Be cautious about online giving, especially in response to spam messages and emails that claim to link to a relief organization. If you want to give to a charity involved in relief efforts, go directly to the charity’s Web site. In response to Katrina, Rita and the Asian tsunamis of several years ago, the FBI and others raised concerns about Web sites and new organizations that were created overnight, allegedly to help victims.

Rely on expert opinion when it comes to evaluating a charity.

Be cautious when relying on third-party recommendations such as bloggers or other Web sites, as they may not have fully researched the relief organizations they list. The public can go to www.bbb.org/charity to research charities and relief organizations and verify that they are accredited by the BBB and meet the 20 Standards for Charity Accountability.

Be wary of claims that 100 percent of donations will assist relief victims.

Despite what an organization might claim, charities have fund raising and administrative costs. Even a credit card donation will involve, at a minimum, a processing fee. If a charity claims 100 percent of collected funds will be assisting hurricane victims, the truth is that the organization is still probably incurring fund raising and administrative expenses. It may use some of its other funds to pay these costs, but the expenses will still be incurred.

Wednesday, May 18, 2011

Charity Wednesdays: Should Donors Be Able to Sue?

An article in the Chronicle of Philanthropy about efforts by donors to the Central Asia Institute (CAI) to recoup their gifts has a lot of people talking about whether donors should be able to sue charities if they feel they were misled. 

Central Asia Institute's founder, Greg Mortenson, wrote the best-selling book Three Cups of Tea. Questions have arisen recently about the accuracy of Morteson's story and a group of donors are attempting to sue CAI because they feel they were misled into supporting an organization that does not exactly do what it says it does.

I worry that if this lawsuit is allowed to go through, it will create another brand of frivolous legal battles and suck time and money from the good work that the vast majority of nonprofits do on a daily basis.

At the BBB, we advise donors to always make informed giving decisions.  Our charity reports help you do that. Please don't give to a charity solely because of what you read in a book by that organization's author. 

Incidentally, the BBB's report on CAI reveals that it chose not to disclose its information to us.  I'll let you draw your own conclusions as to what that might mean about Greg Mortenson and his commitment to nonprofit ethics.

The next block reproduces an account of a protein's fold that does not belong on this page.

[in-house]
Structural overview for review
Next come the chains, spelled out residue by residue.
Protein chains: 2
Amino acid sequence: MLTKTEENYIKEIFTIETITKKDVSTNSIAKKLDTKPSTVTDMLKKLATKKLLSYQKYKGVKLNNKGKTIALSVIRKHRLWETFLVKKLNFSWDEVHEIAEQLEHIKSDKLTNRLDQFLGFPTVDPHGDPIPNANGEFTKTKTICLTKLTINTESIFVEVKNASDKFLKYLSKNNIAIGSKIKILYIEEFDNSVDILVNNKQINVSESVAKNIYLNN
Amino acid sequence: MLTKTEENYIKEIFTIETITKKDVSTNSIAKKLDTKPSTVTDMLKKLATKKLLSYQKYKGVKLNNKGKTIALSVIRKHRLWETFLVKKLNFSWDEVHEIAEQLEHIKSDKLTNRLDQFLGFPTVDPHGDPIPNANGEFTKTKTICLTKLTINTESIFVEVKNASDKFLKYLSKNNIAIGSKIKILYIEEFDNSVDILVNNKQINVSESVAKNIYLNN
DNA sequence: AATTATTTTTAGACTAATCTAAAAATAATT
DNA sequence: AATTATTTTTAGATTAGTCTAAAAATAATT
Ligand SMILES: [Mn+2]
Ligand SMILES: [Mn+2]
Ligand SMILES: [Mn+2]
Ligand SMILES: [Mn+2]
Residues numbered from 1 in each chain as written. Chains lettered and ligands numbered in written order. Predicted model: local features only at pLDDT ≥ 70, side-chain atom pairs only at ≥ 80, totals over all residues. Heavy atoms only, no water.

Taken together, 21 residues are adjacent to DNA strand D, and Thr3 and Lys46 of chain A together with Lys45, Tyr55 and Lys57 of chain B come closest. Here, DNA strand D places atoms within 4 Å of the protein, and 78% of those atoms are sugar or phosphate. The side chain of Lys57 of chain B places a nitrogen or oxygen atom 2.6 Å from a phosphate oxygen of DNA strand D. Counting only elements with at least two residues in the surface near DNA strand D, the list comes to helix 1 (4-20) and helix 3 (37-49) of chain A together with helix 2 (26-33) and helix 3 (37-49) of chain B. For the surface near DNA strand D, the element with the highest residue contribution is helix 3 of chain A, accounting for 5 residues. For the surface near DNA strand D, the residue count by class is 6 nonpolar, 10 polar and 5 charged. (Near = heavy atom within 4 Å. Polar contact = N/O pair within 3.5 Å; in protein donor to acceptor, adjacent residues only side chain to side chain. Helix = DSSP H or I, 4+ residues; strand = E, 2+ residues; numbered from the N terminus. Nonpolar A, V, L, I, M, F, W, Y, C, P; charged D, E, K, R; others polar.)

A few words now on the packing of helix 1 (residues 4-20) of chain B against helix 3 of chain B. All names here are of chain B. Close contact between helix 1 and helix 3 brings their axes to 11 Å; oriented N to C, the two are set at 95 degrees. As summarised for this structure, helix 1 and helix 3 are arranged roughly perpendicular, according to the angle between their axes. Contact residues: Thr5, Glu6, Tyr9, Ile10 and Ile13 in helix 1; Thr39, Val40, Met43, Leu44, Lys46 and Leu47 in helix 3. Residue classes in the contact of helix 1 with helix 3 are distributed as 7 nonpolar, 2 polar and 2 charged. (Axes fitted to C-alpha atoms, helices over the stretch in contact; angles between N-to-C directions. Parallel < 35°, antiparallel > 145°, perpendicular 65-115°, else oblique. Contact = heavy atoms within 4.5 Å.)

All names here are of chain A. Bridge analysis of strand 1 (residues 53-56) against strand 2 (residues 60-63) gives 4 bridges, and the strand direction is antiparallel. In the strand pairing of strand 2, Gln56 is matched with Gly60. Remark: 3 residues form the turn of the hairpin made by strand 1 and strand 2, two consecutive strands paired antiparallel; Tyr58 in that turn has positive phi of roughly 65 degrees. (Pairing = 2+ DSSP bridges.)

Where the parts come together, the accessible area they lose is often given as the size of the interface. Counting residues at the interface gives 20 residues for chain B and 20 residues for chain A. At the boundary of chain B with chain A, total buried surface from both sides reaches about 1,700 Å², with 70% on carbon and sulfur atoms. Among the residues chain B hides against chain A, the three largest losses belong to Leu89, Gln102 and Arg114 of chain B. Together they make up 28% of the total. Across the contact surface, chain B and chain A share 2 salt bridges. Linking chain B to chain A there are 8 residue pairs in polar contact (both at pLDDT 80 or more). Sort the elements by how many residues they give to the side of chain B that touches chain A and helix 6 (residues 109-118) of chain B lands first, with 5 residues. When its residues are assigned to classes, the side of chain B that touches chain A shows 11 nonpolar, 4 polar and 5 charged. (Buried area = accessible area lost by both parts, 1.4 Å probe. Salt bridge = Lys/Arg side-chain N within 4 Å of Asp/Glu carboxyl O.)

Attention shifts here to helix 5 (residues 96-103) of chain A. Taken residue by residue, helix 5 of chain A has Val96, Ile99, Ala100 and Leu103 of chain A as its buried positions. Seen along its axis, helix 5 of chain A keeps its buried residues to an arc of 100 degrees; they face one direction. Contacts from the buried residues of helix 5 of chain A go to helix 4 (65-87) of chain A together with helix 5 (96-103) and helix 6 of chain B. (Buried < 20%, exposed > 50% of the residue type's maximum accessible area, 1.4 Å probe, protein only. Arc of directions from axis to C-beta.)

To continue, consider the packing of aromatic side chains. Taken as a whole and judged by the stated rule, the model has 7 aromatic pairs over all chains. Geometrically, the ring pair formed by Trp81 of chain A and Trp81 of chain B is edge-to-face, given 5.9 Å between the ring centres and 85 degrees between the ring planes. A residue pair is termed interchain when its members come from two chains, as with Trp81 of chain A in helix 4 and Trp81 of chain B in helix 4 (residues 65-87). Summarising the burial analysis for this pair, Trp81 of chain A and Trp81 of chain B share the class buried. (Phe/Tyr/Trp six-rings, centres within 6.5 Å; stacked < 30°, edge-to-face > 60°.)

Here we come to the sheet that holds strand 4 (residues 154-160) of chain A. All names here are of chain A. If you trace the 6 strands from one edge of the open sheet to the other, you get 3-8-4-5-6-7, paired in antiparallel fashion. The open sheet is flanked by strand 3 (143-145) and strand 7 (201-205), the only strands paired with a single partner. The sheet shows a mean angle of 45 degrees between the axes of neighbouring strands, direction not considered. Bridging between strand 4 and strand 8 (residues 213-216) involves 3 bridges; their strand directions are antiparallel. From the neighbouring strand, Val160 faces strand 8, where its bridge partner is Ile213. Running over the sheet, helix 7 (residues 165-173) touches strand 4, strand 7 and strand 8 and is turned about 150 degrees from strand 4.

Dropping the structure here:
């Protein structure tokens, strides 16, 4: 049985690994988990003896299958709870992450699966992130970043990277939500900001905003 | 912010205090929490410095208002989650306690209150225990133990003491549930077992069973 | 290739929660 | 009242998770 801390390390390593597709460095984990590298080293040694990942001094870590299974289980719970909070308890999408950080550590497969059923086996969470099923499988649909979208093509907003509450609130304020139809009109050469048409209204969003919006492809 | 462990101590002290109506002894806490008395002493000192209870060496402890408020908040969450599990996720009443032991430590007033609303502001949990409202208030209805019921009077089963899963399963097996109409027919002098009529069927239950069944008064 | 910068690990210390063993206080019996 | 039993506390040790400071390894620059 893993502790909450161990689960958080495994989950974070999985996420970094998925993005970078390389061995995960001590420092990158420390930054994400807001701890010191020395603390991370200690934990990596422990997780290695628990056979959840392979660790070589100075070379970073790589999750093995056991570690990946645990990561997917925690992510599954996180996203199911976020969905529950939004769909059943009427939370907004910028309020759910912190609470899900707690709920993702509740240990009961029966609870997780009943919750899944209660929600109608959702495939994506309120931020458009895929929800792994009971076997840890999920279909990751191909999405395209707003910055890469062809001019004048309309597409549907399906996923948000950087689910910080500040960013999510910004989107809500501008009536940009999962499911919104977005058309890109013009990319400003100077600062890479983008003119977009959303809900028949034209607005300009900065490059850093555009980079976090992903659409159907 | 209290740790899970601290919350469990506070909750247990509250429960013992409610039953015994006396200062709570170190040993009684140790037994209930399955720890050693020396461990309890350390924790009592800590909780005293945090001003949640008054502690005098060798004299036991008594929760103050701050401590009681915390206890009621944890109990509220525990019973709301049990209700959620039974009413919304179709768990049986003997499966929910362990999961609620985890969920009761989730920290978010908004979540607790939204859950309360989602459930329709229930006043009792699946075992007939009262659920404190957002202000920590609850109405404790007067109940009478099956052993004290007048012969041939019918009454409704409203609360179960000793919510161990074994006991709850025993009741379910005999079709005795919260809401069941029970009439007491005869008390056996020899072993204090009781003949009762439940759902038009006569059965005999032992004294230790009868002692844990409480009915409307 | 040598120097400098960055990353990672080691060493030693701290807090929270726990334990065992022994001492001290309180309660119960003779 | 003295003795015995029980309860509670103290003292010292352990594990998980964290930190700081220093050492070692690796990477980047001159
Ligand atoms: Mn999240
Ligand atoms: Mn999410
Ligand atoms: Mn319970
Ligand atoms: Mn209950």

Monday, May 16, 2011

Scams of the Week: May 16, 2011

Google Music Scam - According to Mashable, the as yet unreleased Google Music Beta is the latest bait in an email scam. After offering you an invite into the upcoming Google program, the scam presumably phishes for personal information like credit card numbers and possibly social security numbers. Google is the only group that can extend this invite.  So if you get an invite from anyone else, it's a scam.

Associated Community Services (ACS) - This company collects on behalf of charities that don't even come close to meeting our standards. They are soliciting donations from Kansas City residents. Charity Navigator has already posted an alert about them that links to a exposé news story about them. Some of the charities they collect for keep 80% of the donated money.  That doesn't even count what ACS keeps for themselves.  ACS also asks people for bank account numbers over the phone.

DSM Supply - an F rating with the BBB because of a whopping 63 UNANSWERED complaints to the BBB. More complaints are coming in all the time.  They illegally bombard doctors' offices with junk faxes and refuse to stop. Ever.  If anyone receives an unsolicited fax from this company, be sure to file a complaint with the BBB and the Federal Communication Commission. [Edit: Complaints are now handled by the BBB of Dallas. All complaints from the BBB of Kansas City have been forwarded there for processing. DSM Supply still holds an F Rating. Investigations into the company are ongoing.]

Thursday, May 12, 2011

Mystery Shopper Scams

Myster Shopper Scams comes in all shapes and sizes.  They have the minor league scam that asks victims for about $30.  If the victim sends in the money, they will receive a packet of information from businesses that are supposedly hiring mystery shoppers.  The list was either never any good or it is horribly outdated.  The major league stuff includes check fraud and looks like the one on the image below. Click the image to enlarge and get more details about the scam.